Most instructors who have long-term classes come to learn about participants’ abilities, likes and dislikes, but what about new classes or unfamiliar groups? One method to guide your class planning is to use the group’s demographics to roughly ascertain preferences for music style and intensity. I recently used this to guide my song choice for a group of high school students. As such, I used more recent and energetic songs. But demographics is just a guide and never a hard and fast rule.

Regarding music style, don’t underestimate younger participants' capacity to appreciate the classics. I have literally used classical music with teenagers, with much success. Equally, don’t assume that older participants just want popular genres from the 50s, 60s and 70s. I learnt this music lesson when I started a new Aqua Zumba® class. I was told that most of my participants would be over 65, so I put rock’n’roll, swing, disco and Motown songs onto the class playlist in place of genres including EDM, reggaeton and merengue. The class was fine, if not overly exciting. So, over time, I introduced a variety of genres. Today, my class enjoys music from across the decades and from all over the world. The most requested song? ‘Fireball’ by Pitbull.

Just as with musical tastes, you shouldn’t make assumptions about ability based on age. You might find that your oldest participant is your strongest, so don’t be afraid to shake things up. Include a variety of music, a range of exercises from gentle to challenging, and even try using interval music formats such as Tabata. Your participants might just love it.


4. Be an entertainer

The saying goes that ‘Time flies when you’re having fun’ and it’s true. Research shows that individuals in a high state of boredom tend to perceive time as moving slower, compared to those in a low state of boredom. This appears to occur when individuals perceive their task as a chore. No one likes chores and everyone has the capacity to get bored. Therefore, your class needs to be fun and enjoyable. But how do you achieve this? Music and dynamic routines are of course essential, but the answer actually lies in your capacity to entertain your participants while they’re working out.

When you keep participants entertained, they don’t have time to look at the clock, be self-conscious or think about how much effort a certain move is.

Being entertaining during class requires creativity. It might sound strange, but in my introduction I sometimes describe the upcoming class like a dinner menu: an entrée with some heavy beats, a big hearty main, and a cooldown with some yummy stretches for dessert. This makes the class sound like an unmissable treat. Don’t say things like, ‘And I have some 50s music for our older participants’. Make it clear that every single moment in your class is for everyone to enjoy.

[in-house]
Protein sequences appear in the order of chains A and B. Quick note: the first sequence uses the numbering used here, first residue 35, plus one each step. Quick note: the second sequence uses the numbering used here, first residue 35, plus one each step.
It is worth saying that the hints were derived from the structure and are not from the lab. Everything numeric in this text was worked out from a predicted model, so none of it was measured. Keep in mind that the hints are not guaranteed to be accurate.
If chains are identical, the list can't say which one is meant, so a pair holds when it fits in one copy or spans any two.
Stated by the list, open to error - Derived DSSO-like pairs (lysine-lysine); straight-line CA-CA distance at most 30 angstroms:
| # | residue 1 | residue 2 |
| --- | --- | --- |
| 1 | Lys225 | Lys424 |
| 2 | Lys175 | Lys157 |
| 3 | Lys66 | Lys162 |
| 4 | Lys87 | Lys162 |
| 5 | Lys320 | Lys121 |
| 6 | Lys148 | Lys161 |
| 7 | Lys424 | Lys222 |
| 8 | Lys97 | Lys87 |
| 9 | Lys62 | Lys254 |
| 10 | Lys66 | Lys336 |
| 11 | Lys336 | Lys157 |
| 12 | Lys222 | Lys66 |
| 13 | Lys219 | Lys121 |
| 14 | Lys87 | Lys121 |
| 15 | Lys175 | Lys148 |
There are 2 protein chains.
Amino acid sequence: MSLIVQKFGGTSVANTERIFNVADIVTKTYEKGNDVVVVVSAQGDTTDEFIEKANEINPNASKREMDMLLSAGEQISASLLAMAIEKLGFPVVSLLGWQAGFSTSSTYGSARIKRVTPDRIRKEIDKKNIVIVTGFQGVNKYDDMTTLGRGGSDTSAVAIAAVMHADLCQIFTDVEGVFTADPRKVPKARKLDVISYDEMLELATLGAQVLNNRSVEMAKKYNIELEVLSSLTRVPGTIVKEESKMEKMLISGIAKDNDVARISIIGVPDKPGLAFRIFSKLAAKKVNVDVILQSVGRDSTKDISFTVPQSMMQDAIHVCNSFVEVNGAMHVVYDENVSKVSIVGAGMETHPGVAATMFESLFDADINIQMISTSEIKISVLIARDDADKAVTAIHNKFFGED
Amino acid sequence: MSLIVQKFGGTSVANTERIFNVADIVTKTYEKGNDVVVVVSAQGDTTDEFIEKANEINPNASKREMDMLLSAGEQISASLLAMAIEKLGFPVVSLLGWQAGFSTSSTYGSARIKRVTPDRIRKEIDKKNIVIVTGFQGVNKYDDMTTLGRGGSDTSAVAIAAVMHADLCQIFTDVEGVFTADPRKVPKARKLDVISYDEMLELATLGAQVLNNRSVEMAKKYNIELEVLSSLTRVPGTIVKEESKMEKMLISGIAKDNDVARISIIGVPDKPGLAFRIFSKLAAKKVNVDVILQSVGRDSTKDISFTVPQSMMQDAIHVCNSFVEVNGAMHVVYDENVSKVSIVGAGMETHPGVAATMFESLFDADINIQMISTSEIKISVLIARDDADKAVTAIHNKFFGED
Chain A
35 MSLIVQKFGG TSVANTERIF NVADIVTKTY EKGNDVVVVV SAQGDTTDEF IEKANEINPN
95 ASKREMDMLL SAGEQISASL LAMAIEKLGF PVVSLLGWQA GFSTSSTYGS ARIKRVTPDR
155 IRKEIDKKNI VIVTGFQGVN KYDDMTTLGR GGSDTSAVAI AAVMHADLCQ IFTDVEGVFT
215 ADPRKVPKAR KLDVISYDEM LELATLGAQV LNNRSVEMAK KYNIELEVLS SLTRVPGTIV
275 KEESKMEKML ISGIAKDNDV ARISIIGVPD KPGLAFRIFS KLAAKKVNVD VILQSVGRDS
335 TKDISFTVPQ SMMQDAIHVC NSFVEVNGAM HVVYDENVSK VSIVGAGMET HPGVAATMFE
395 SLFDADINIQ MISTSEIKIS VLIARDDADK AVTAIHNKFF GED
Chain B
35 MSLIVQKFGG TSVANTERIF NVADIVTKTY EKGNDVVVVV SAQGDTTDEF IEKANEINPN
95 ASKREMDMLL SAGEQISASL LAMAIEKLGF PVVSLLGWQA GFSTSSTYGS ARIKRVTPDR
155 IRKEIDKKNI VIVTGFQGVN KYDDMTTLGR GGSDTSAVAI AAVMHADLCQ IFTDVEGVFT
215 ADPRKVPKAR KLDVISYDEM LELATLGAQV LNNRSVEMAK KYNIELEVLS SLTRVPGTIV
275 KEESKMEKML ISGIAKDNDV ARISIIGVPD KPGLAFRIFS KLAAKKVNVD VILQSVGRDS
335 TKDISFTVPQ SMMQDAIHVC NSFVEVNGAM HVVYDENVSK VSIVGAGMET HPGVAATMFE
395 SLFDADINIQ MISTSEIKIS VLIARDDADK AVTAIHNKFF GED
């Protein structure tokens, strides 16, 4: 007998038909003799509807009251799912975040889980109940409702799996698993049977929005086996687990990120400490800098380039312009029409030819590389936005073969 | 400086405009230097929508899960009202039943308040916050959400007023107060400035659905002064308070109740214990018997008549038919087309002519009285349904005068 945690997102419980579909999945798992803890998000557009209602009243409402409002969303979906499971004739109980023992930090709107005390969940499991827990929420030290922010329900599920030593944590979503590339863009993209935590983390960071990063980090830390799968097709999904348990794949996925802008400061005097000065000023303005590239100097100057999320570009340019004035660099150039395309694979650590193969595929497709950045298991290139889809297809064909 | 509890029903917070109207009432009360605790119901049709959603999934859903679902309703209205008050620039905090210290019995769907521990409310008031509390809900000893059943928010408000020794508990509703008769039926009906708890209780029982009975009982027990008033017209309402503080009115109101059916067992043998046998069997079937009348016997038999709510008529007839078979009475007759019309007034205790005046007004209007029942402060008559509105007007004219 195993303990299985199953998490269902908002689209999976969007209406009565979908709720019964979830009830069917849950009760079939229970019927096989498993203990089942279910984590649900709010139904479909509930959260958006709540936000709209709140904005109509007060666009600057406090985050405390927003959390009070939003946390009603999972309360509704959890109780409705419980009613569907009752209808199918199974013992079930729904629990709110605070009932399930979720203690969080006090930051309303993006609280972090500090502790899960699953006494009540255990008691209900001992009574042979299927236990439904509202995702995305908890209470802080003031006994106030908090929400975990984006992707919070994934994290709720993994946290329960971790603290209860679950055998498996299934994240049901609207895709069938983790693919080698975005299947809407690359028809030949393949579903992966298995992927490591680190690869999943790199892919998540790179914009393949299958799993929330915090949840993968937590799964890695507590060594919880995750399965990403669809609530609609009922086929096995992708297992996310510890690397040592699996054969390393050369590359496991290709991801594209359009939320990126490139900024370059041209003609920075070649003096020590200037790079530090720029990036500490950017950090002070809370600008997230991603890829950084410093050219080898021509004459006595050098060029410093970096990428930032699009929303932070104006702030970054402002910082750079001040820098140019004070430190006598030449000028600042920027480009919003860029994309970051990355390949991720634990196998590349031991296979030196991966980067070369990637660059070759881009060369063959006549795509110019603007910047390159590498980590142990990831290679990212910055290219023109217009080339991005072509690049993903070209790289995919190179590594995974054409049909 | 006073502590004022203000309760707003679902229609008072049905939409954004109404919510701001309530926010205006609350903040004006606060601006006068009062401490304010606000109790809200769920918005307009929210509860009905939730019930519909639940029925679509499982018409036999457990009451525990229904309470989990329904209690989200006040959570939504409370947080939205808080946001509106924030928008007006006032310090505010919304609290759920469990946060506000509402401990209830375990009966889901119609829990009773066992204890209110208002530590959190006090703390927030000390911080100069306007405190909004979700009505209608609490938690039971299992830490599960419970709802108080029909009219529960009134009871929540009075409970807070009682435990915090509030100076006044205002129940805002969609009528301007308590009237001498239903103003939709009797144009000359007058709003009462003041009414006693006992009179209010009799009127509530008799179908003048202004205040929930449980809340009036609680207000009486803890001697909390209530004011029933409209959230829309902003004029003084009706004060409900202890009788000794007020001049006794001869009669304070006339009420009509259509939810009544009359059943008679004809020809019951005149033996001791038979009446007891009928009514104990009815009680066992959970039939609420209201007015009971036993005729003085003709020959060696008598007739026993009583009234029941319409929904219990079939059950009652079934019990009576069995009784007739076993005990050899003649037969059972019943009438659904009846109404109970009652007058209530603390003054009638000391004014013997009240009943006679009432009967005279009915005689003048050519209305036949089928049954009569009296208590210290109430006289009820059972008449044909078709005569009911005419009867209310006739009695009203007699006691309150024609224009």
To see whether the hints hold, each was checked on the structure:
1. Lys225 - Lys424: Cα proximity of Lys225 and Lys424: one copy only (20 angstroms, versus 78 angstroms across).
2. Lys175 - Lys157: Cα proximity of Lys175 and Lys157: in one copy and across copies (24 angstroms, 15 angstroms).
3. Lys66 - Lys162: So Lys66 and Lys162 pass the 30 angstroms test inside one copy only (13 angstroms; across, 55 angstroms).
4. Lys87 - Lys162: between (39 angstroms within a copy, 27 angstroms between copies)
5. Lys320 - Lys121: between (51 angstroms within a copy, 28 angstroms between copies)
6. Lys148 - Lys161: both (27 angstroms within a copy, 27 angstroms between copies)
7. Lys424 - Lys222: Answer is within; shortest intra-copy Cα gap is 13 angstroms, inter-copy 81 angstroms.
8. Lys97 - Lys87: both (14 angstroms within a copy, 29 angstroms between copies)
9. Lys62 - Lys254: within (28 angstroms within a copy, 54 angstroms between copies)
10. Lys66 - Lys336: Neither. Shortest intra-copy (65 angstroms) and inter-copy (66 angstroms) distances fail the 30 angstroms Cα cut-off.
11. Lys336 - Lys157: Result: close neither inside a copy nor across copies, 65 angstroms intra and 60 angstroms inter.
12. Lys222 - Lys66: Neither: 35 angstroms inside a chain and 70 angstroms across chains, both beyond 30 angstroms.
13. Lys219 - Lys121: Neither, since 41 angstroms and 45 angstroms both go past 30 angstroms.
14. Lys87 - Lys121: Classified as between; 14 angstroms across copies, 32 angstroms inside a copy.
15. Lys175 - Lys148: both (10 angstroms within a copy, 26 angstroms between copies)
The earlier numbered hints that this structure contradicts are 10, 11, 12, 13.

Don’t be afraid to do things like pick up an imaginary microphone and encourage your participants to sing along. Not everyone will sing, but it might humour them. Gestures like this engage your participants and keep them open to trying a range of different things.

It is worth noting that you need to also sell your class to your participants. If you don’t believe that your participants will like your class plan, then they probably won’t. Us humans are quite attuned to other’s emotions and can sense an instructor’s lack of confidence in their program. This affects the participants’ perception of the class because if you don’t like it, then why should they? Simply being enthusiastic and energetic will help to convince your participants that coming to your class was an excellent choice, because enthusiasm is contagious.


5. A class for all, by all

Make it clear that everyone is a crucial part of your class, regardless of age and ability. There are very simple ways to achieve this. The first is to be adaptable. For example, some classes may not like a certain song, even if it’s a hit in another class. Therefore, it’s important to note what doesn’t work, and implement alternatives when necessary.

Finally, and perhaps most importantly, when it comes to creating a class that is a hit with all ages and abilities, make sure that you are approachable to all. Encourage participants to make song requests, talk to participants before and after class, introduce yourself to newcomers; learn their names and make eye contact during class. These seemingly minor actions reinforce to participants that no matter their age or ability, this is the class for them.


Marlee King

A certified aquatic fitness and licensed Zumba® instructor, Marlee holds a PhD in Health Psychology and is an academic at Western Sydney University. Her experience in fitness, combined with her interest in the mind-body connection, gives her a deep understanding of her participants.